Forsyth proposes scheme to free Scottish councils

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The Independent Online

Political Editor

Michael Forsyth, the Secretary of State for Scotland, yesterday significantly advanced his strategy of devolving more power to local councils by indicating readiness to sweep away central government control over their operations.

The move will be seen as part of a wider political programme of countering Labour's commitment to a Scottish parliament by demonstrating that Tories in Scotland are prepared shift more power from central government to democratically- elected local authorities.

Mr Forsyth used a keynote speech to a rating conference in Peebles to announce that he intended to produce detailed plans for freeing up Scottish local councils by the end of the year. And he revealed that he had written to the Labour dominated Convention of Scottish Local Authorities asking for "ideas on which shackles they would like to throw off".

Mr Forsyth, who is widely thought to to be keen to remove capping of Scottish local authorities also underpinned his determination to strengthen local councils by inviting them to give him an assessment of what impact they expected an end to capping to have on levels of council tax.

The move suggests the Scottish Office has already moved further than the Government in England - where a debate over whether to continue capping is still unresolved - towards lifting capping as a means of giving councils more freedom.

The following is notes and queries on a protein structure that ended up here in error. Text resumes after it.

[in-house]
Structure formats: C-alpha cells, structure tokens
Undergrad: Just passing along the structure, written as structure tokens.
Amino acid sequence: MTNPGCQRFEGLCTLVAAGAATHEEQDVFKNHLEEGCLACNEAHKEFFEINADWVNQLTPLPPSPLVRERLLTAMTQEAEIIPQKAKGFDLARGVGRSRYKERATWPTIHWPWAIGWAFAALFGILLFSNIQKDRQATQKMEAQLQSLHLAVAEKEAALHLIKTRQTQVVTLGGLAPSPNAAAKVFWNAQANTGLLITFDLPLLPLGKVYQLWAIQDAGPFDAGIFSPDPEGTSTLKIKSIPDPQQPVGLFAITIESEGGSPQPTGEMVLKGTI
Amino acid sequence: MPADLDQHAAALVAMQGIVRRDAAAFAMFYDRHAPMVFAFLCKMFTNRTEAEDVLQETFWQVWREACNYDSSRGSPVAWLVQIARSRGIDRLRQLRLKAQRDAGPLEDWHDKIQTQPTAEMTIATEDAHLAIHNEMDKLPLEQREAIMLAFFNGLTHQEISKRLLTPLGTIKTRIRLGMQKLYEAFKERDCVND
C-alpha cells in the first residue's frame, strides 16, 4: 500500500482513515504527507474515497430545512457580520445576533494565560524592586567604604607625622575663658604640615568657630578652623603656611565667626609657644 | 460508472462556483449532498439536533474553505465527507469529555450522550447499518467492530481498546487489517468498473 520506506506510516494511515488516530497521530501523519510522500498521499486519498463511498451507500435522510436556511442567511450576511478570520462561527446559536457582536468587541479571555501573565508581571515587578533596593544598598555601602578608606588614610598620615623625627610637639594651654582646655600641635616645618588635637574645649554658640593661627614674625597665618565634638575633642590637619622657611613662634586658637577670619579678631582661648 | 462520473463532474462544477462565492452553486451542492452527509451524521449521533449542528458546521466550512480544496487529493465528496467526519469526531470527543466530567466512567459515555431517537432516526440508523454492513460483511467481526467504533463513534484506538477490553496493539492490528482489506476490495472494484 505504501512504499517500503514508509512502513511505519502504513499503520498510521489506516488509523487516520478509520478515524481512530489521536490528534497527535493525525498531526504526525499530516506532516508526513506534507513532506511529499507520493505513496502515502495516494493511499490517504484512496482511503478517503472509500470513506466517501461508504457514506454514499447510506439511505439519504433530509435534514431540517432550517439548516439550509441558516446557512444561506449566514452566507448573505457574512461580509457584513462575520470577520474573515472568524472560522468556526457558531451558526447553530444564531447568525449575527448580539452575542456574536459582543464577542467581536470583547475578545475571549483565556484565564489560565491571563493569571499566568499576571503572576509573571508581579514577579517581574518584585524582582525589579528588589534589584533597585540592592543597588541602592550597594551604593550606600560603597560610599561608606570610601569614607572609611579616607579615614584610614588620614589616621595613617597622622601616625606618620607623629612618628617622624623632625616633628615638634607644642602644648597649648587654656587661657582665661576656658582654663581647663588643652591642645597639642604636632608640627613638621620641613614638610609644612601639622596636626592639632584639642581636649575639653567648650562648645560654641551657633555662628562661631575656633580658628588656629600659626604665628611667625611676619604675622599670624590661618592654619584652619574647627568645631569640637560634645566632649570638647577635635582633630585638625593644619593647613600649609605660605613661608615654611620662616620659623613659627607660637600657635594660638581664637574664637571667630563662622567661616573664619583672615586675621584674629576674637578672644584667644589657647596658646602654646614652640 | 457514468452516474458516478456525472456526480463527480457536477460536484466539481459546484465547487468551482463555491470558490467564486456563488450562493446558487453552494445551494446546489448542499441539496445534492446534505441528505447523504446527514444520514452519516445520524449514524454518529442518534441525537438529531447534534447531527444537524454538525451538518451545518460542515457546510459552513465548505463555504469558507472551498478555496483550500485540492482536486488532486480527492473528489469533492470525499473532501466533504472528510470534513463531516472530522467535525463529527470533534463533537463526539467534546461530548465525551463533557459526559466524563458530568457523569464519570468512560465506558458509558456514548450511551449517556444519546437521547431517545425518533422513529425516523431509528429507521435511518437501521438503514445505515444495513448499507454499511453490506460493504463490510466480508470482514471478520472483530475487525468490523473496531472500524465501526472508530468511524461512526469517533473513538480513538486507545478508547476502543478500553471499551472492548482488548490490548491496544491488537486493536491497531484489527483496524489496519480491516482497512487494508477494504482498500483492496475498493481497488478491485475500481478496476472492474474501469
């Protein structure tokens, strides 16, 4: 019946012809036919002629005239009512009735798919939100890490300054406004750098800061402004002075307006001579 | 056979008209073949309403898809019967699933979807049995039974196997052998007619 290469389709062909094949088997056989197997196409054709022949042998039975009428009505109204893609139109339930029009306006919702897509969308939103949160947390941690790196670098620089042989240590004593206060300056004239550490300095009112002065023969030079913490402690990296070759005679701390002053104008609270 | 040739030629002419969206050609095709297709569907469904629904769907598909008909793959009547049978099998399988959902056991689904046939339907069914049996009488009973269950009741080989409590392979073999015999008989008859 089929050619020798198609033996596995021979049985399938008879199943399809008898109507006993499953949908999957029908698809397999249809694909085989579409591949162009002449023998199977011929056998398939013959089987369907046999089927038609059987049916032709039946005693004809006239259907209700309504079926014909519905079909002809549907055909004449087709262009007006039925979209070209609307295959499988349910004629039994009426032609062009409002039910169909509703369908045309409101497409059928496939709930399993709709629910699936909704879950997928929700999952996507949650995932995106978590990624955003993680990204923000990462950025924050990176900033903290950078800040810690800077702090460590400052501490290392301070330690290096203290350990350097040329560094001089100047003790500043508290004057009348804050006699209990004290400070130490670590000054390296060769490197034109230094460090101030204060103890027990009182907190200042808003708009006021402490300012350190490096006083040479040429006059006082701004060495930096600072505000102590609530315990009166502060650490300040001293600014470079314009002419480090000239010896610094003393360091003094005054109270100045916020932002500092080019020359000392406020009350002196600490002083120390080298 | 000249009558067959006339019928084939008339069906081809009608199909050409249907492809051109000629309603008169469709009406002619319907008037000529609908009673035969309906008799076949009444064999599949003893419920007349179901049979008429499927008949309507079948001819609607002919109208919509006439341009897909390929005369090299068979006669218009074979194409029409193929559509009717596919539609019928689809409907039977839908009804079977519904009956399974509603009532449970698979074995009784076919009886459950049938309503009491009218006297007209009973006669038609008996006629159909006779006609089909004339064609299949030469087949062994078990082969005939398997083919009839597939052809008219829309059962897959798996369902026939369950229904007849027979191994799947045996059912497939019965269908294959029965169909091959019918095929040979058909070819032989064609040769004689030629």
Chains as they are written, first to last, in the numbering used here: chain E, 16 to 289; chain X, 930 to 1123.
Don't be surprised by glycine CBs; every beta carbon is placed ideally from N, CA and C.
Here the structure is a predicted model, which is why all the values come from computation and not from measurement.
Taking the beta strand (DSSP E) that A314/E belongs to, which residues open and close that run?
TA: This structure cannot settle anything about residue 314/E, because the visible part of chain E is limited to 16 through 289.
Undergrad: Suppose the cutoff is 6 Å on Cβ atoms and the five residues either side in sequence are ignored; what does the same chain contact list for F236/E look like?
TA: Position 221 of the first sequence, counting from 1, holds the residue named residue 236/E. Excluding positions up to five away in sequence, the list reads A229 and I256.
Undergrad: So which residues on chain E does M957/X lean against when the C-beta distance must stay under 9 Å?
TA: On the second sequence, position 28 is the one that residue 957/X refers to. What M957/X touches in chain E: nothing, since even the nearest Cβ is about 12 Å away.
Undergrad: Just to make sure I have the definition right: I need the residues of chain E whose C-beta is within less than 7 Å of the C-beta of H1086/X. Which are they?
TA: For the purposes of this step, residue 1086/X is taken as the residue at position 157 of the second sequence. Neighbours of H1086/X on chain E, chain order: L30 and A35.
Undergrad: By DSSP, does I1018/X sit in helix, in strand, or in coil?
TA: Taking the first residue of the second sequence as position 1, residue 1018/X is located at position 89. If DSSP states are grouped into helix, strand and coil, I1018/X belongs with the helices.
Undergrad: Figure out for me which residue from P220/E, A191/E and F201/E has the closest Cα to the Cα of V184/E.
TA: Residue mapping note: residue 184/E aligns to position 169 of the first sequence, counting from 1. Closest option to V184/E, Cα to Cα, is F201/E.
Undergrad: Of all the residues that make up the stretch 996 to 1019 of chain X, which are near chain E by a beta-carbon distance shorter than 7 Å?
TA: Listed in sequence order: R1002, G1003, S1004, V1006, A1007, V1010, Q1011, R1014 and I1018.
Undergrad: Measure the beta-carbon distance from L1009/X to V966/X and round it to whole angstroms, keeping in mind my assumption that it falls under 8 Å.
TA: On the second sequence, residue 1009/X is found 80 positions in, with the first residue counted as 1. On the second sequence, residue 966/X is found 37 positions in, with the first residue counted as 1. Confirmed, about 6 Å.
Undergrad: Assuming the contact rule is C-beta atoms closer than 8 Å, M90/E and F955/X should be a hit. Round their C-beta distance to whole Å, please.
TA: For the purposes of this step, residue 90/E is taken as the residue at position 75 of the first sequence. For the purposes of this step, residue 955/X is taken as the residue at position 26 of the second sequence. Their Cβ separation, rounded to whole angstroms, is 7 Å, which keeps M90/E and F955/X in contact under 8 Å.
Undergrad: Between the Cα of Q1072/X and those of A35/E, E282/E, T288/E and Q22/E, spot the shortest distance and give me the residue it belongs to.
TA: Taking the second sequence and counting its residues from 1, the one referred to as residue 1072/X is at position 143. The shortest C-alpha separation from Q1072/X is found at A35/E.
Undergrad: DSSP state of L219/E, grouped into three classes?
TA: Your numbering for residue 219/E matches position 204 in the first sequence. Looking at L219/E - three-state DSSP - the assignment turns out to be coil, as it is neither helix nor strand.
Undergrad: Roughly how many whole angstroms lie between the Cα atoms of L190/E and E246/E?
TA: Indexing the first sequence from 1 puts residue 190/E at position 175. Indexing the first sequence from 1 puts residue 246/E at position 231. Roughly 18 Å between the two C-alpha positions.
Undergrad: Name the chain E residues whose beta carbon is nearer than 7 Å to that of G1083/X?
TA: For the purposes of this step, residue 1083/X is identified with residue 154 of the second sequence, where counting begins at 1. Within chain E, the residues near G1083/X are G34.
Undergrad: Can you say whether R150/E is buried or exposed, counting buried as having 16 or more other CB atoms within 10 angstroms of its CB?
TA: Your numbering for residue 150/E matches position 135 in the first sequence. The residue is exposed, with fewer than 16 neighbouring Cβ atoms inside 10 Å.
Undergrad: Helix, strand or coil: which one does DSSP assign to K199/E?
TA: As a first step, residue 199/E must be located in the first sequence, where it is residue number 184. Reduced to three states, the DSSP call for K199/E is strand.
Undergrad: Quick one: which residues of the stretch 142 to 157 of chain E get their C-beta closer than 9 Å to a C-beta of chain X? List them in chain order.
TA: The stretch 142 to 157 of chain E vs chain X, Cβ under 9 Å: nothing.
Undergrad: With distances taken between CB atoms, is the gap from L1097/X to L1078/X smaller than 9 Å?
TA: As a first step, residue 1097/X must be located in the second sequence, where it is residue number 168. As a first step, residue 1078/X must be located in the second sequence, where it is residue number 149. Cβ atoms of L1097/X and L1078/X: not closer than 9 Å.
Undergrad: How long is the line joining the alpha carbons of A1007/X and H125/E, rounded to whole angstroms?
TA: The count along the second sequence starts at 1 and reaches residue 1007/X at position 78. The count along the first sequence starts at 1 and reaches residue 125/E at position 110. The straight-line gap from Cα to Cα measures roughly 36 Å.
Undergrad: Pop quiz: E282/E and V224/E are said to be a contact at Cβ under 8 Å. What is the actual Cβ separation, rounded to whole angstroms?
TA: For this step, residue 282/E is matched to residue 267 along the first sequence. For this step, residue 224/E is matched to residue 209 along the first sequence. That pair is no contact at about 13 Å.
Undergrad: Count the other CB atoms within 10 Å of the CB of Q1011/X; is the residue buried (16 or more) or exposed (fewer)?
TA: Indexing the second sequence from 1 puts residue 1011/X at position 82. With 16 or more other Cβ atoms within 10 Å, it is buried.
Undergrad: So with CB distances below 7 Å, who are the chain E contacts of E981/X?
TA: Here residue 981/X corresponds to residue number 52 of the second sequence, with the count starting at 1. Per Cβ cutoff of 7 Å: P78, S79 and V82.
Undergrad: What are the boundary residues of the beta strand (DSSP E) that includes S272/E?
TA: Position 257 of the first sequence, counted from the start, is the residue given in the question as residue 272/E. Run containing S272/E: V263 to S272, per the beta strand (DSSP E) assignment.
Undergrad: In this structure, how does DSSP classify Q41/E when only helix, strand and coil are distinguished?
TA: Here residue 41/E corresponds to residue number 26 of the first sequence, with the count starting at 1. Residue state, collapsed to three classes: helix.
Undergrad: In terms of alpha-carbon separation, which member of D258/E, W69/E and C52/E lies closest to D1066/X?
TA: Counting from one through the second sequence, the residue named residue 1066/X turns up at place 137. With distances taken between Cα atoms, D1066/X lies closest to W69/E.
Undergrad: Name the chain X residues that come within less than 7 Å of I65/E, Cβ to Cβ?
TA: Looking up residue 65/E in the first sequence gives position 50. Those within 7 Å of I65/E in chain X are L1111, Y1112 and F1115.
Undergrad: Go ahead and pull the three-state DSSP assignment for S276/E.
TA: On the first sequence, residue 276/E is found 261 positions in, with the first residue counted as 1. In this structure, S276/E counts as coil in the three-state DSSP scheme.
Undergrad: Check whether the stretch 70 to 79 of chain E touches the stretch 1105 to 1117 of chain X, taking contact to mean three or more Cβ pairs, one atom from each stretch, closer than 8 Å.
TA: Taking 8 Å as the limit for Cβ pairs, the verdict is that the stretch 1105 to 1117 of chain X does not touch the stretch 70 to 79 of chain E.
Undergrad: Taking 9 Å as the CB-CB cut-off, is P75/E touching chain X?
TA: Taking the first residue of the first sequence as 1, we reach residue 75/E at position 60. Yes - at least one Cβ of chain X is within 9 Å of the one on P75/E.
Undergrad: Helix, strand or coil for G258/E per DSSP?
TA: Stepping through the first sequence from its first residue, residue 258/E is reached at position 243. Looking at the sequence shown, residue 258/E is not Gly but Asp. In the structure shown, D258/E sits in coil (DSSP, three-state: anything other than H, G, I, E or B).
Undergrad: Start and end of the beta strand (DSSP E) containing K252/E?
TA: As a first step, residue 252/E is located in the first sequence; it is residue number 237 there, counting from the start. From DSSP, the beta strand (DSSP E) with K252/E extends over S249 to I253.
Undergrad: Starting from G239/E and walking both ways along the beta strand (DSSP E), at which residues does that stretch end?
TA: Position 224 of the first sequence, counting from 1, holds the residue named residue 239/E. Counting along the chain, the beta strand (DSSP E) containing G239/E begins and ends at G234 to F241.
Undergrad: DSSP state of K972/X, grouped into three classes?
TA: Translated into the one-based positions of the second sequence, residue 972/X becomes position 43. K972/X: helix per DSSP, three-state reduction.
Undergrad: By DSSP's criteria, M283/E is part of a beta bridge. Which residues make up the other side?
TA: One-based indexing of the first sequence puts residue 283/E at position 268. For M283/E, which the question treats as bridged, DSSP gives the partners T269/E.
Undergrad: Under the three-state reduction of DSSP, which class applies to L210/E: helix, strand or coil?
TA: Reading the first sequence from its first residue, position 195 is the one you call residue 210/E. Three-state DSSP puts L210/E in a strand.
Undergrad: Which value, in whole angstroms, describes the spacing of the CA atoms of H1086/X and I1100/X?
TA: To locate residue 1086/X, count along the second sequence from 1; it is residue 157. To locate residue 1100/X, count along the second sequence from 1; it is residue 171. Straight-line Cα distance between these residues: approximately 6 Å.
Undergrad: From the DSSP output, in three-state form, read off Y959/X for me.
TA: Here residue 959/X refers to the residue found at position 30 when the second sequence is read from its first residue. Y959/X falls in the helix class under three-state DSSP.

The Scottish Secretary went out of his way in his speech to the Scottish conference of the Institute of Revenues, Rating and Valuation to say that he had been "encouraged" by the contacts with COSLA and declared: "I want to restate my call to COSLA to join with me in strengthening the partnership between local government and the Scottish Office."

One early result could be a relaxation of controls which heavily restrict councils' rights to borrow money for projects like schools, transportation, roads and social work agencies. COSLA has been pressing for such a move.

It is not lost on some Tory strategists that new powers for elected Labour councils in Scotland could, in the long run, create second thoughts, at least among some Labour councillors, over the desirability of a powerful Scottish parliament. Mr Forsyth is said to be considering a wide-ranging agenda for the longer term which could result in the actual transfer of powers from central government to local authorities.